A Look Back Into the Archives: Folk Art

By Mandy Tomasik, KSU library and information science practicum student

If you haven’t seen the new Butch Anthony: Vita Post Mortum exhibition yet, you really should. It’s phenomenal, and actually only the latest in a long line of folk, outsider and self-taught artist exhibitions here at the Akron Art Museum.

“But wait,” you say. “Doesn’t the Akron Art Museum have a modern and contemporary focus? What’s with the folk art?” I think Herbert Waide Hemphill, Jr. says it best: “American folk art both is and has been very much at home with modern art. Serious searching artists of the 20th Century, forced for various reasons to alienate themselves from academic art, or dissatisfied with the rise and fall of the experiments and “movements” of modern art, have been attracted to and strongly influenced by folk art in a search for re-appraisal and basic definitions of expressions and media.” (qtd. in Six Naives: Ashby, Borkowski, Fassanella, Nathaniel, Palladino, Tolson exhibition catalog, 1973, Akron Art Museum Archives)

Here’s Mary Borkowski, part of the December 1973-January 1974 Six Naives exhibition.

Mary Borkowski, from Six Naives: Ashby, Borkowski, Fassanella, Nathaniel, Palladino, Tolson exhibition catalog, 1973, Akron Art Museum Archives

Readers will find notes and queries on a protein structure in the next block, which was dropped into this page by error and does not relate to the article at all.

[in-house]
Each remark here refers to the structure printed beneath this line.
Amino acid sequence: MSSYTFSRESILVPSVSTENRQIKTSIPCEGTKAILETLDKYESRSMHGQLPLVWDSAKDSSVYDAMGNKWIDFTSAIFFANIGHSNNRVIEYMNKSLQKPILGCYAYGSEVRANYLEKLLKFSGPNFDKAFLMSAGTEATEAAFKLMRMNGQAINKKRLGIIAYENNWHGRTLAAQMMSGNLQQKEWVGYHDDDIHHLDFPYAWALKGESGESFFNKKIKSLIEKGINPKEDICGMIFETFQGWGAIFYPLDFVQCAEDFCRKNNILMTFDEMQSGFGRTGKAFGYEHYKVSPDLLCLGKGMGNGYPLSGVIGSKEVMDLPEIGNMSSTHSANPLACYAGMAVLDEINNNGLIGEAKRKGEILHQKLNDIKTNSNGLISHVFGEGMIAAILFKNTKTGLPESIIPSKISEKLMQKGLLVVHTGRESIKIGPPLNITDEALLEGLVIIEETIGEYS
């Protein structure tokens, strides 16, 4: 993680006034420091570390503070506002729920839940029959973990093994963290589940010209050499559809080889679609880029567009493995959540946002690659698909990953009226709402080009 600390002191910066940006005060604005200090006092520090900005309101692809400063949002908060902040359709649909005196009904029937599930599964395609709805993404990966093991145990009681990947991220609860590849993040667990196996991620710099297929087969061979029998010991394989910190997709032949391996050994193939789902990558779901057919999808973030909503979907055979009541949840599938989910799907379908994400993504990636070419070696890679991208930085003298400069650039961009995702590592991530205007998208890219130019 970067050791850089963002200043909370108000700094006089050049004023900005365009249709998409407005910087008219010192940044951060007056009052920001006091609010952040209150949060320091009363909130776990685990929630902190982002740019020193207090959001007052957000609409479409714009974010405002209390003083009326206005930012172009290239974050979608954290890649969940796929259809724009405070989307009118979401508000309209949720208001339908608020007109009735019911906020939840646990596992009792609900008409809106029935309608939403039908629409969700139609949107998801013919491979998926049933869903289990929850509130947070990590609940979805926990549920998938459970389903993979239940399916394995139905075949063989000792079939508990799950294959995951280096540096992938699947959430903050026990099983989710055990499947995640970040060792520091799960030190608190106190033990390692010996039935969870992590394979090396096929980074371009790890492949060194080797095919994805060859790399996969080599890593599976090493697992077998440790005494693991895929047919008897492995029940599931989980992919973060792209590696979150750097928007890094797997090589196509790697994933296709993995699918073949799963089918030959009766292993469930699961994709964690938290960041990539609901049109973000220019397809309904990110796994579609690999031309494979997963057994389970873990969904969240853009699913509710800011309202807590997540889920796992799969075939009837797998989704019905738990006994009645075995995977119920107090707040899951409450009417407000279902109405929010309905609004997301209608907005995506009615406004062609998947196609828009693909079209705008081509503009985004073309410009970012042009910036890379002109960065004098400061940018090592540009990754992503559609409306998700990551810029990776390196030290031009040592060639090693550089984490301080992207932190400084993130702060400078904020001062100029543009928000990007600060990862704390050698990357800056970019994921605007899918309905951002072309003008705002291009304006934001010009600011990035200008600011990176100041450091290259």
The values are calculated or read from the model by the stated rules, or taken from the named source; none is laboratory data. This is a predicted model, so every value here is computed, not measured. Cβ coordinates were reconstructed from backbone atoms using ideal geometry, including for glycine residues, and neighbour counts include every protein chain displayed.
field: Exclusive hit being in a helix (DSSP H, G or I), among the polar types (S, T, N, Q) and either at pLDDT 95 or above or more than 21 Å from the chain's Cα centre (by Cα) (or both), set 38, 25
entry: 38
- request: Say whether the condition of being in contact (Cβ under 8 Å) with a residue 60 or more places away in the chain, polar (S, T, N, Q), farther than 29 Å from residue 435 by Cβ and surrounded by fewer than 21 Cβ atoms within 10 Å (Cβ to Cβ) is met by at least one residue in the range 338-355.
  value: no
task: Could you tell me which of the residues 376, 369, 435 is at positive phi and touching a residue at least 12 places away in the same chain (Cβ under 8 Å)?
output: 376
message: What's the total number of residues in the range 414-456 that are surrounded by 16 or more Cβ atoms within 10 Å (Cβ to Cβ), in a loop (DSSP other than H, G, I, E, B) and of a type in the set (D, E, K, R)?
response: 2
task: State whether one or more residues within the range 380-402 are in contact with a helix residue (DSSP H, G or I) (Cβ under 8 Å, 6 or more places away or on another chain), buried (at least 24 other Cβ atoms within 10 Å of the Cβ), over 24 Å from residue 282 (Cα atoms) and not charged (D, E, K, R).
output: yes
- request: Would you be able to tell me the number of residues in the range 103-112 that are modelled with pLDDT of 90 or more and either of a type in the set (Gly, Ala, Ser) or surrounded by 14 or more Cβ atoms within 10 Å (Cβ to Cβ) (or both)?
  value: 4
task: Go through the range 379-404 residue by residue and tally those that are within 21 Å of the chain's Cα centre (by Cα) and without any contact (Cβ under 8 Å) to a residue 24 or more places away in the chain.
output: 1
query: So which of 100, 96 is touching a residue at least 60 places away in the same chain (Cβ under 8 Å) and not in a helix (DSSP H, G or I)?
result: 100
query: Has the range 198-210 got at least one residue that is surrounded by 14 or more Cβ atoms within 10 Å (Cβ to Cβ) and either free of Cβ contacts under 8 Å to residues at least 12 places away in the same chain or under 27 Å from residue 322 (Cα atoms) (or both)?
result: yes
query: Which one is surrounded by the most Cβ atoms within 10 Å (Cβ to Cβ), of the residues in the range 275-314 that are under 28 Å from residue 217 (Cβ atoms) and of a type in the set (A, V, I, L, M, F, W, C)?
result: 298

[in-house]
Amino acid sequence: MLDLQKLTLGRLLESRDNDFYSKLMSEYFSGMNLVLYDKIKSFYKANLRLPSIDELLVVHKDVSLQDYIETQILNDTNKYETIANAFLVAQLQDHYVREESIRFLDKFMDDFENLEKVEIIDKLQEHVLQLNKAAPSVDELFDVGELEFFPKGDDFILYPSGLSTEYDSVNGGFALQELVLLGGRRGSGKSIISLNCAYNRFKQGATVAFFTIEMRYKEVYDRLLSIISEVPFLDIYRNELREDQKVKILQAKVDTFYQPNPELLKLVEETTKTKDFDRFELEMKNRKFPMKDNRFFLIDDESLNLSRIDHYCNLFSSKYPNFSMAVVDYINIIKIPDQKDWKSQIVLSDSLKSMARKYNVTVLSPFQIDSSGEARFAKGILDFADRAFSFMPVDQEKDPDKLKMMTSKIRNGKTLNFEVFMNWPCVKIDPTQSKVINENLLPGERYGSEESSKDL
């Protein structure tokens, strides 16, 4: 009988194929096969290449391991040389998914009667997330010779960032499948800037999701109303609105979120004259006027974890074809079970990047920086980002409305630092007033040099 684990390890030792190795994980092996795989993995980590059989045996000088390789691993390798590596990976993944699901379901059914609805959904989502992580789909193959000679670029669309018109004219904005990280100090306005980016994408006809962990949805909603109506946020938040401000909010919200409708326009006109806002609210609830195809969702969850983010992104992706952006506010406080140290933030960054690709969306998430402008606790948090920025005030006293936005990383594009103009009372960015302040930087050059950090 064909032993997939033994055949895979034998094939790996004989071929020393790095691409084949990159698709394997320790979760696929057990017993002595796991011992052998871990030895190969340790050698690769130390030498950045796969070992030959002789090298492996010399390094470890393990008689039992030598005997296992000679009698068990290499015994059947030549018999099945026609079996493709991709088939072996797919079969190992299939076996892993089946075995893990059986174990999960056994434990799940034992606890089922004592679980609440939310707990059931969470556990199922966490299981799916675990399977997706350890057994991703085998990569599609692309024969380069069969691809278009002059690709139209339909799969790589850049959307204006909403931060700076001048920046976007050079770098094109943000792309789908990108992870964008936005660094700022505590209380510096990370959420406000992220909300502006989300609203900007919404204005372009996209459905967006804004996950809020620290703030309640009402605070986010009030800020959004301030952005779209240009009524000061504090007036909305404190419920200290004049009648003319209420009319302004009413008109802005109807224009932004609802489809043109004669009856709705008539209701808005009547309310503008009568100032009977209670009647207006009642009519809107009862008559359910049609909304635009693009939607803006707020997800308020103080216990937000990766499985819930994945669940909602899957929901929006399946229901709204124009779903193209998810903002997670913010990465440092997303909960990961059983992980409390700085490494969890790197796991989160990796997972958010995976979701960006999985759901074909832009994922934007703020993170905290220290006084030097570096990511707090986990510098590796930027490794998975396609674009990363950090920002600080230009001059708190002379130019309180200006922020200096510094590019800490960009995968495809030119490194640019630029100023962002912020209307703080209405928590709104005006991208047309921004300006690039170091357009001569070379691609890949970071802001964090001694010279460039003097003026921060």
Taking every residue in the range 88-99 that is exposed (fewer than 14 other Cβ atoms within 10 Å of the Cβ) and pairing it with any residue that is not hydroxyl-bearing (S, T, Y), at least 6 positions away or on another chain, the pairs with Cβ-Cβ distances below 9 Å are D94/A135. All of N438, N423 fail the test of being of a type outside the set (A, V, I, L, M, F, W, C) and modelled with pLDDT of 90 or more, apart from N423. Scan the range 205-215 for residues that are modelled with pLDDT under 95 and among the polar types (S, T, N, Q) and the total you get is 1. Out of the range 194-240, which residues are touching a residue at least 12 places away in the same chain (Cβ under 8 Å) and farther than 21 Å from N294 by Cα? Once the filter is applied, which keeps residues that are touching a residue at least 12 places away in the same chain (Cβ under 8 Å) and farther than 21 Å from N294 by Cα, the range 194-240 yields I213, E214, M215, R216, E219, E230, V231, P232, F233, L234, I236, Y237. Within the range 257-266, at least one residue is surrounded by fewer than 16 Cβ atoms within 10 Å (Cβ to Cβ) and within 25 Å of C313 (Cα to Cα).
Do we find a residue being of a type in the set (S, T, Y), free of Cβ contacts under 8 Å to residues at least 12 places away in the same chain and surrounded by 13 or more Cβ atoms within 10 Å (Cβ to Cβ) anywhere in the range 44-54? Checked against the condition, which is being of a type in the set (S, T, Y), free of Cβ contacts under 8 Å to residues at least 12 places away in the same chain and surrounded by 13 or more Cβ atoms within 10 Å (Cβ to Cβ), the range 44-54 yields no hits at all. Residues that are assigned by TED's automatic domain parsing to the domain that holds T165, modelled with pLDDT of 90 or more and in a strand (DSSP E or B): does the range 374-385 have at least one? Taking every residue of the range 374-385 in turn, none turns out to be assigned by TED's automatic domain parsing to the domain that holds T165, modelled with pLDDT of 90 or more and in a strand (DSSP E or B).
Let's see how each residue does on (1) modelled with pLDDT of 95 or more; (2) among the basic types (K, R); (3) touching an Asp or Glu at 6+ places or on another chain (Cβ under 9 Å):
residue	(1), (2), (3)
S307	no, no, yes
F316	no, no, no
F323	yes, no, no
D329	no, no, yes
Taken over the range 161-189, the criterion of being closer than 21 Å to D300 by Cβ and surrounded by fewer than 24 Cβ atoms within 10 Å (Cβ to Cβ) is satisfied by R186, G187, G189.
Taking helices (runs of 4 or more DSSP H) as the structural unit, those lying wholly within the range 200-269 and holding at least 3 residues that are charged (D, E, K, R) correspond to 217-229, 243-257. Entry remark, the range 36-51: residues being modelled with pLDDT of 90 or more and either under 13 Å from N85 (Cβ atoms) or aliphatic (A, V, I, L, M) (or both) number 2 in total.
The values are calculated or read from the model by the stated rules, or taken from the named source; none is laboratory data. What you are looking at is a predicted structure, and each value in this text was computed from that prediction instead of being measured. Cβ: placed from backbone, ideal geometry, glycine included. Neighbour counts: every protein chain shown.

Mary Borkowski, from Six Naives: Ashby, Borkowski, Fassanella, Nathaniel, Palladino, Tolson exhibition catalog, 1973, Akron Art Museum Archives

Just hanging with the cat, the picture of mid-century domesticity. But then in 1965, she began making embroidered thread pictures on felt or velvet backgrounds. These surreal images exude a mood of “melancholy and muted terror” (Six Naives: Ashby, Borkowski, Fassanella, Nathaniel, Palladino, Tolson exhibition catalog, 1973, Akron Art Museum Archives) that one wouldn’t possibly expect to come from that sweet cat lady.

The Whip and A Man’s A Man, from Six Naives: Ashby, Borkowski, Fassanella, Nathaniel, Palladino, Tolson exhibition catalog, 1973, Akron Art Museum Archives

The Whip and A Man’s A Man, from Six Naives: Ashby, Borkowski, Fassanella, Nathaniel, Palladino, Tolson exhibition catalog, 1973, Akron Art Museum Archives

A snake-man whipping a dog-man and a dapper gentleman in his underwear. And that’s what I think is so interesting about folk artists. Viewing their work offers glimpses into seemingly intense personal worlds that are often surprising, refreshing and even unsettling. So on that note, definitely check out Butch Anthony: Vita Post Mortum in the Corbin Gallery through January 25, 2015. If you stop by the museum library as well, you can even make your own skeletonized portrait à la Butch Anthony to go up on display!

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